With the impending FOMC decision, traders are going to be twitchy and nervous. Although a 25 basis point cut is baked in, until we get confirmation, the market will probably not trend.
If you’ve been reading the blog for the past few weeks, you’re no stranger to my repeated bullish commentary. The market seems to have bottomed right on time with the Nasdaq composite sitting +150 points higher now.
So lets see what the last week brought us in terms of sentiment data:
AAII Sentiment Survey
With the market powering ahead last week with back to back up days, sentiment has shifted. The AAII respondents are neck and neck with 41% bullish and 40% bearish.
Put Call Ratio
The options sentiment ratio spiked up to almost 1.0 in mid November as people rushed to buy puts. But now the equity put call ratio has fallen by almost half. This isn’t automatically a negative as the market has recovered and forced people to back down from their gloom & doom forecasts.
Nasdaq to NYSE Volume Ratio
Although I haven’t said much (or anything really) about this sentiment gauge, it is one of the oldest ones around. The theory is that the two exchanges represent different kinds of equity - Nasdaq was once the platform for unproven, young, and therefore, riskier listings and the big board, the place where all companies wanted to graduate to, the place where the largest, most stable corporations called home.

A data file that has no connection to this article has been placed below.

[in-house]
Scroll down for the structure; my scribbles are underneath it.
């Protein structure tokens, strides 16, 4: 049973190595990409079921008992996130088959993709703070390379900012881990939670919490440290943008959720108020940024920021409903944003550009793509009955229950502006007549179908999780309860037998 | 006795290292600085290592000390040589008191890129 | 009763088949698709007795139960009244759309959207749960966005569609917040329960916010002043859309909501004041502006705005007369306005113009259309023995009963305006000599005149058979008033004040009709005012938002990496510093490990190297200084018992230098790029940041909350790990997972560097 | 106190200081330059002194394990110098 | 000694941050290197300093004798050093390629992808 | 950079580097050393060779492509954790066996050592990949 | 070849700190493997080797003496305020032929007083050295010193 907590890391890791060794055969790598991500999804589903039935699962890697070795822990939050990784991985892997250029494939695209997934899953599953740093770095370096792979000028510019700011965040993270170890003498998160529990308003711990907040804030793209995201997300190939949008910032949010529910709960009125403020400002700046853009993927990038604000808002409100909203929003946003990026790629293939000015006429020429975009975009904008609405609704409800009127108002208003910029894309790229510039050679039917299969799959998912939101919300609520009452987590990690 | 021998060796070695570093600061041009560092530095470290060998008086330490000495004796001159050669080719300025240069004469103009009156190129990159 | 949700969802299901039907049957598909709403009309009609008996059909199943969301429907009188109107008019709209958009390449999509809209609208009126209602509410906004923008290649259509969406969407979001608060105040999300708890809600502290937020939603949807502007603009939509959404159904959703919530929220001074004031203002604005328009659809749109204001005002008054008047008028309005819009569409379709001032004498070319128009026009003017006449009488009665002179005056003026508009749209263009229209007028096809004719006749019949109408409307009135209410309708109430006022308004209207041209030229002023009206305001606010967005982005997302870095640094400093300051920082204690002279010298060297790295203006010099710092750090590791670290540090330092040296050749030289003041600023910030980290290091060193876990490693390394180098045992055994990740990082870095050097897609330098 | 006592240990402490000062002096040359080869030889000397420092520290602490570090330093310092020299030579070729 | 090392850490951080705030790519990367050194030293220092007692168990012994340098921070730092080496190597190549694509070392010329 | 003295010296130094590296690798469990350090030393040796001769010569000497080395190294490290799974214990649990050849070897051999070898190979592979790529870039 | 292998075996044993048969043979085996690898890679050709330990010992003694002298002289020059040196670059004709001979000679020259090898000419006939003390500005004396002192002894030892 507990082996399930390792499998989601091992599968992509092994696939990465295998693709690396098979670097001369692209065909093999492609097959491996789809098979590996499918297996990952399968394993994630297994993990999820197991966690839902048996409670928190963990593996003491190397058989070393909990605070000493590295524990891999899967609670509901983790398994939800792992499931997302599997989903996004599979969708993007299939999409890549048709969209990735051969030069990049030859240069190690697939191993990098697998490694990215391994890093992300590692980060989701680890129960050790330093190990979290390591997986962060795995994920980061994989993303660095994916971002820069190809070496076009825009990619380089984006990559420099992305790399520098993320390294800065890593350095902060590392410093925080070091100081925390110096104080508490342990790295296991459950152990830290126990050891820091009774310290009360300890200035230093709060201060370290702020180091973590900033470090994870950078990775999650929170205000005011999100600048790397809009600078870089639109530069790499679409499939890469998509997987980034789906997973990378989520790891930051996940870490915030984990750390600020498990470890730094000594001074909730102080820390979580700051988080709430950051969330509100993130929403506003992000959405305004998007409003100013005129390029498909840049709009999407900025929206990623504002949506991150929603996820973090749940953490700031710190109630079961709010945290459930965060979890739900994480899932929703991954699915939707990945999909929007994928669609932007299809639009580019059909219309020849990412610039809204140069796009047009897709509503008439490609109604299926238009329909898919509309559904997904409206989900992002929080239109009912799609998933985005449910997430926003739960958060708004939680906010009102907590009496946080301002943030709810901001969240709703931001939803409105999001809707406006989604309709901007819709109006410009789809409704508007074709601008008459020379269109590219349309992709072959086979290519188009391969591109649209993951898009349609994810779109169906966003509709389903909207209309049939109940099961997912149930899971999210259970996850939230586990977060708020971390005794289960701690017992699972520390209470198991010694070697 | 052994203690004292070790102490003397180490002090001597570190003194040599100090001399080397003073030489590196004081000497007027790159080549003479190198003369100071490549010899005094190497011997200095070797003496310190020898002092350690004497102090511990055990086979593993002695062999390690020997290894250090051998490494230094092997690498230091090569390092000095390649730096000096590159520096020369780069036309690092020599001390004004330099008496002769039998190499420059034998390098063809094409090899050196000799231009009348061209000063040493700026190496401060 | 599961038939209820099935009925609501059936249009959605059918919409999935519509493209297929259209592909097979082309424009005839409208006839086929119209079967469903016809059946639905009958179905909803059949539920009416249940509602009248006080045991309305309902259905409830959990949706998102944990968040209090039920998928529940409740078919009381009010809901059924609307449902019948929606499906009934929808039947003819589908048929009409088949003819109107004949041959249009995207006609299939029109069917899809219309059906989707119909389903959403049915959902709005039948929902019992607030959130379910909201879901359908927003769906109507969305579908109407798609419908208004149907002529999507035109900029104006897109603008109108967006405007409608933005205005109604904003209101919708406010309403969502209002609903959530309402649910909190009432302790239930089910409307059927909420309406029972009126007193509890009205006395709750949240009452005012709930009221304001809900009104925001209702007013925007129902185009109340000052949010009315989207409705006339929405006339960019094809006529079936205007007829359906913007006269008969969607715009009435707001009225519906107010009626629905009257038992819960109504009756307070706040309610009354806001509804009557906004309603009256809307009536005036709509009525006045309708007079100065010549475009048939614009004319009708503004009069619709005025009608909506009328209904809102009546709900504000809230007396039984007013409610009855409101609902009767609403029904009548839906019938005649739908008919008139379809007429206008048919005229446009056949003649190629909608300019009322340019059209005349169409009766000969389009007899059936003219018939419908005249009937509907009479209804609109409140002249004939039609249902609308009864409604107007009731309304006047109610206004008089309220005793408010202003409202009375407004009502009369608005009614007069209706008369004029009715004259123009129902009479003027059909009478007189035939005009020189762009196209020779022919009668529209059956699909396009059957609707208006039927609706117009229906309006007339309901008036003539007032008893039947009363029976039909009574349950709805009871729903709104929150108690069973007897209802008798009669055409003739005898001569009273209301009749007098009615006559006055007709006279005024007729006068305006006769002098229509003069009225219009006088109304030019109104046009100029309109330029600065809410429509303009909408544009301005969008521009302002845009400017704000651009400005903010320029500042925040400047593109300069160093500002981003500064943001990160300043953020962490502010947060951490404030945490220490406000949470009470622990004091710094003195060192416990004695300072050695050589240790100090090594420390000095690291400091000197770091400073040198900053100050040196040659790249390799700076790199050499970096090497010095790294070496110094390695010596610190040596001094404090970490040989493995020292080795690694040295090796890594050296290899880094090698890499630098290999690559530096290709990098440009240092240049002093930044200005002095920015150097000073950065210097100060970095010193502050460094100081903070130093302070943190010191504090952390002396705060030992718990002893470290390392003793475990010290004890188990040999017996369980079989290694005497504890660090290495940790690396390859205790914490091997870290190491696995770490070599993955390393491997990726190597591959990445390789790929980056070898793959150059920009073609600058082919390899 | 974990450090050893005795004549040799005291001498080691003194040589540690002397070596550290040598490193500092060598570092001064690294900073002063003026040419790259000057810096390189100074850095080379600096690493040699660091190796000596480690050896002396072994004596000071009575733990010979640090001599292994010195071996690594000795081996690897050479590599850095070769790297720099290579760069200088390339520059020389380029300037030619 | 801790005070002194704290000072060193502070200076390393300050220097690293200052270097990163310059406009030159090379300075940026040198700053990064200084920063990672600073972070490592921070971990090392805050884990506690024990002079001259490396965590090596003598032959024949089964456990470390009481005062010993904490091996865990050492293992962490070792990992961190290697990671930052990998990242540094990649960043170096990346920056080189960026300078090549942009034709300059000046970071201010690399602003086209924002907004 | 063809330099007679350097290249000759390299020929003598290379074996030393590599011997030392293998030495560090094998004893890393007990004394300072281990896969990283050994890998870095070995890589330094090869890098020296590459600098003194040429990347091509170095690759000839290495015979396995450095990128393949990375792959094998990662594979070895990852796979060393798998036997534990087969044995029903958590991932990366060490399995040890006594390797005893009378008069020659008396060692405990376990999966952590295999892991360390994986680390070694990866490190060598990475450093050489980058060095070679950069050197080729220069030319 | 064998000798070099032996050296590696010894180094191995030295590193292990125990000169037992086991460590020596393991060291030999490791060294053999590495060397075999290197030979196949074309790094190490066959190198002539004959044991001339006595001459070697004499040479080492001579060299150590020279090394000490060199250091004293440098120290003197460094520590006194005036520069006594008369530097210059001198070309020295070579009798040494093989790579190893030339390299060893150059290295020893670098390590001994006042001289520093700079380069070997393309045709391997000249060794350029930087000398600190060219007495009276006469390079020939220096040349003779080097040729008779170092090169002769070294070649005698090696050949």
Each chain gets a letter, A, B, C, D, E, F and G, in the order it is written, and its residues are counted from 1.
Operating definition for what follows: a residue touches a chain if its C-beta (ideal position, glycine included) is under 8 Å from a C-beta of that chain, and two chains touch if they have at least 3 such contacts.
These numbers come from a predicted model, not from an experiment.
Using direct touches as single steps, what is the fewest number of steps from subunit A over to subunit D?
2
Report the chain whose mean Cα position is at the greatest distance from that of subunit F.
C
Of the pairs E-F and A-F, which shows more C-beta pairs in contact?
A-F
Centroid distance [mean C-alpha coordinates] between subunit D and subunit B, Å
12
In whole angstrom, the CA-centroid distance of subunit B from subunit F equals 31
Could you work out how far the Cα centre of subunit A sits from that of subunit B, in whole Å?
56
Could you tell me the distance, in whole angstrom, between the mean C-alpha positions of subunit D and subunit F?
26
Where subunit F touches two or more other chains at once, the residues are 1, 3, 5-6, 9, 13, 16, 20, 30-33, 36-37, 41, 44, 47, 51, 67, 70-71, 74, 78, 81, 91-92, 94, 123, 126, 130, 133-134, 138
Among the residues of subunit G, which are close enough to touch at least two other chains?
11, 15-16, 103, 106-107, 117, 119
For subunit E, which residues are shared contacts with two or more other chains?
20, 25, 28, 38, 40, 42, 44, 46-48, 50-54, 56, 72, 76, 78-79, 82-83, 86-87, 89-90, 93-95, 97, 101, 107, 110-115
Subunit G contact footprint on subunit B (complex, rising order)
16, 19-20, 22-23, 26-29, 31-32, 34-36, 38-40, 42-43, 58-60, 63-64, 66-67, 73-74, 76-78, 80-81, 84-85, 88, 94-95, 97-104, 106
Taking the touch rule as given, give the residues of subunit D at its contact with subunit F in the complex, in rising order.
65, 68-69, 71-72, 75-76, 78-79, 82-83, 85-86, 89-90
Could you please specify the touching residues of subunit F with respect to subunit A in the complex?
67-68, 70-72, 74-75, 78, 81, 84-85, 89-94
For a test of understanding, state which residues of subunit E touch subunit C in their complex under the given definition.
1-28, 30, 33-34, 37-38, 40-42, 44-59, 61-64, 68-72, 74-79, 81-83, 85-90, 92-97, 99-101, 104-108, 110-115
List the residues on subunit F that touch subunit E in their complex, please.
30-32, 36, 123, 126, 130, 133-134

Of course, over time the difference between the two exchanges has been pretty much eliminated. But this indicator is still going on strong. So by following the ratio of volume on the two exchanges, we can gauge the level at which investors seek risk.
A spike lower in the ratio means that investors are fleeing Nasdaq stocks for NYSE ones and a spike up, the reverse. The most recent market decline in mid November saw this ratio dip to 1.20 - not the lowest it has been, but still very close to the 1.0 level which is the “uncle” point.
More importantly, with the exception of the spike low in November, the ratio has been scraping the ceiling. We’d have to go back more than 6 years to find similarly high readings.
Enjoyed this? Don't miss the next one, grab the feed or